A brokerage is a firm that acts as an intermediary between buyers and sellers of securities.
Brokerages provide a number of services to their clients, including executing buy and sell orders for stocks, bonds, and other securities, as well as providing investment advice and offering a range of investment products. Brokerages earn money by charging their clients fees for the services they provide. Some of the most well-known brokerages include Charles Schwab, E*TRADE, and Fidelity.
1. An investor wants to buy shares of XYZ Corporation, so they contact a broker and place an order to buy 100 shares of XYZ stock at the current market price.
2. The broker receives the order and searches for a seller of XYZ stock who is willing to sell at the price the investor is willing to pay.
3. Once the broker has found a seller, they execute the trade by matching the buy and sell orders and facilitating the transfer of the shares from the seller to the buyer.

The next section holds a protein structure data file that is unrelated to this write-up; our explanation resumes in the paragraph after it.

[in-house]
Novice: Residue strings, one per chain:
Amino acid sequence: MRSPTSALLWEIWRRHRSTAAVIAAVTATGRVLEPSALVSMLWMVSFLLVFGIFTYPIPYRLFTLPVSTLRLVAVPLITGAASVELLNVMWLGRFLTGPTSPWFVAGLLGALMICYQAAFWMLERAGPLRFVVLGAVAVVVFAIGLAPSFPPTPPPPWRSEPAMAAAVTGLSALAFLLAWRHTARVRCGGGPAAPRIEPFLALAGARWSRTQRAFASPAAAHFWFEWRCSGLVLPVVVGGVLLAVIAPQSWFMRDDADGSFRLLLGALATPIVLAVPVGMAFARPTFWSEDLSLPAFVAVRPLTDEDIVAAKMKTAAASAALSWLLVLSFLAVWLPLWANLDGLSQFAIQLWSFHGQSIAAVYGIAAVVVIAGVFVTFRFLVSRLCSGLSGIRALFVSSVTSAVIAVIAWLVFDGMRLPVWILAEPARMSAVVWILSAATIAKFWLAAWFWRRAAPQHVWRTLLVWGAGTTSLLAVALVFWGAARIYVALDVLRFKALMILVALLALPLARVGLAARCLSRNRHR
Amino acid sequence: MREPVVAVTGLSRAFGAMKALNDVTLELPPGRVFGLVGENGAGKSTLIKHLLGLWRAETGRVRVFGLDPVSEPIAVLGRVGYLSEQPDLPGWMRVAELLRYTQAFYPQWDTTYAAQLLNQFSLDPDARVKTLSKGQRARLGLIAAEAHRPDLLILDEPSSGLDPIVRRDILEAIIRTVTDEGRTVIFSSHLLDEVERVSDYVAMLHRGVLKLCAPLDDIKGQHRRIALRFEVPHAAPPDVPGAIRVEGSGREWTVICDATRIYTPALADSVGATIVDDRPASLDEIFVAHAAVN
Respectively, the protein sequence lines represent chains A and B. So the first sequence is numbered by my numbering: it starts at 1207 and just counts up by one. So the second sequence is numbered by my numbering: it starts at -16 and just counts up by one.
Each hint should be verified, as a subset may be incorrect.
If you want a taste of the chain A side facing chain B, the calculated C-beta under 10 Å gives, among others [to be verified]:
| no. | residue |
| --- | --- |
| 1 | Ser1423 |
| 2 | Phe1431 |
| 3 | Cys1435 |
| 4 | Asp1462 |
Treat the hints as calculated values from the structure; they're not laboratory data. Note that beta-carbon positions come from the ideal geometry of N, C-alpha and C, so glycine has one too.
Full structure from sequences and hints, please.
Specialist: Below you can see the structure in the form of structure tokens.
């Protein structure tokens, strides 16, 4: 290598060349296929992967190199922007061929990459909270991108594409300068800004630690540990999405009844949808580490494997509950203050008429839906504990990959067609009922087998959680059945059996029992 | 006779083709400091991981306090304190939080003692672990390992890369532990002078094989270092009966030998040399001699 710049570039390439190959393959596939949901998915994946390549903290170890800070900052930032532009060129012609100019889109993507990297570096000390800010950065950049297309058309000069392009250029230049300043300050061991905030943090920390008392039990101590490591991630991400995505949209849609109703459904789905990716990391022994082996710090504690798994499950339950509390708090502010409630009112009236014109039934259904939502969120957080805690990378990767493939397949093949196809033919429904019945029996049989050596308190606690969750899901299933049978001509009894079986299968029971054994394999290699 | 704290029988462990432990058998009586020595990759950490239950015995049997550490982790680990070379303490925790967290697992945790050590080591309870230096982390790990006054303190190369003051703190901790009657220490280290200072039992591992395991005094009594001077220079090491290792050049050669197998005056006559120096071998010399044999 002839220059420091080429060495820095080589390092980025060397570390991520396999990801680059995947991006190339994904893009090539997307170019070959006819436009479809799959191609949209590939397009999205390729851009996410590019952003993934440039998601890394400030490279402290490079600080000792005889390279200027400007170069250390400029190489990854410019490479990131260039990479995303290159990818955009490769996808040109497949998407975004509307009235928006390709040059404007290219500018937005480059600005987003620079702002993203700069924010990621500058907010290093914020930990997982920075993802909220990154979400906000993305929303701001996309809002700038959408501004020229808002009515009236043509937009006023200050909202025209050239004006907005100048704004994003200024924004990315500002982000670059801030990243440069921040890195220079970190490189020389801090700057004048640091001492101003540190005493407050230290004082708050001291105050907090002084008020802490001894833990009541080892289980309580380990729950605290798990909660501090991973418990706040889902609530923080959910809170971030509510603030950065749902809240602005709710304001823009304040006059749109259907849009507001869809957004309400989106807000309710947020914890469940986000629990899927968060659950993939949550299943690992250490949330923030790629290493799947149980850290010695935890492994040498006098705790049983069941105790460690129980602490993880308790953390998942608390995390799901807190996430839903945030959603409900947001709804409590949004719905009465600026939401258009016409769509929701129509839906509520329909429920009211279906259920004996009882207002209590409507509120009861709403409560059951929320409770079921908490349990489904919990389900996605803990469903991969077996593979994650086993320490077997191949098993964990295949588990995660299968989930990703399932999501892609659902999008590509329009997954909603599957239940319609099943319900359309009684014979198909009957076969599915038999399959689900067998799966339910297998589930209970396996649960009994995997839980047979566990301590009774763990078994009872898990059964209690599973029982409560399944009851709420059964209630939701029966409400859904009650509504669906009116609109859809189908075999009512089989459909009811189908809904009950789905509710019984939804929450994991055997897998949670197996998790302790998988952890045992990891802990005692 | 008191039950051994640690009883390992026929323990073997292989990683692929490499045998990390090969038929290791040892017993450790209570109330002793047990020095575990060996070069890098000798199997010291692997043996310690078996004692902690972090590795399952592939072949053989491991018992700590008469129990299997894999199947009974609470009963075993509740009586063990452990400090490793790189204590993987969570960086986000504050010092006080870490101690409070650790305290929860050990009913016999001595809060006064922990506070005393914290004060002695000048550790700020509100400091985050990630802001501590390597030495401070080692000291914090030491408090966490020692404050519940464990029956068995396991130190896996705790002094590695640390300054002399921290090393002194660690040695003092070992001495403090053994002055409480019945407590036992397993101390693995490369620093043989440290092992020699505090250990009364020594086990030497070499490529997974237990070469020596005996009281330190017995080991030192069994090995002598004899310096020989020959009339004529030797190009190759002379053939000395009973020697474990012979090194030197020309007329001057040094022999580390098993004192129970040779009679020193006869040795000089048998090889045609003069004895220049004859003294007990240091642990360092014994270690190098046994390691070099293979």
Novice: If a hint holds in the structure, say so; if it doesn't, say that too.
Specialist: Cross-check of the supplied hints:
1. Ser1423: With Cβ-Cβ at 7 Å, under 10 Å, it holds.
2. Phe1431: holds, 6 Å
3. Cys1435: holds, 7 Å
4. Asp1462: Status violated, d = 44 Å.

4. The broker then charges the investor a fee for their services, which may be a flat fee or a percentage of the total value of the trade.
5. The investor now owns 100 shares of XYZ stock, which they can hold onto as a long-term investment or sell at a later date if they choose.
This information is educational only and not a recommendation to buy, hold, or sell an investment or financial product, or take any action. This information is neither individualized nor a research report, and must not serve as the basis for any investment decision. All investments involve risk, including the possible loss of capital. Information is from sources deemed reliable on the date of publication, but Stock Events does not guarantee its accuracy.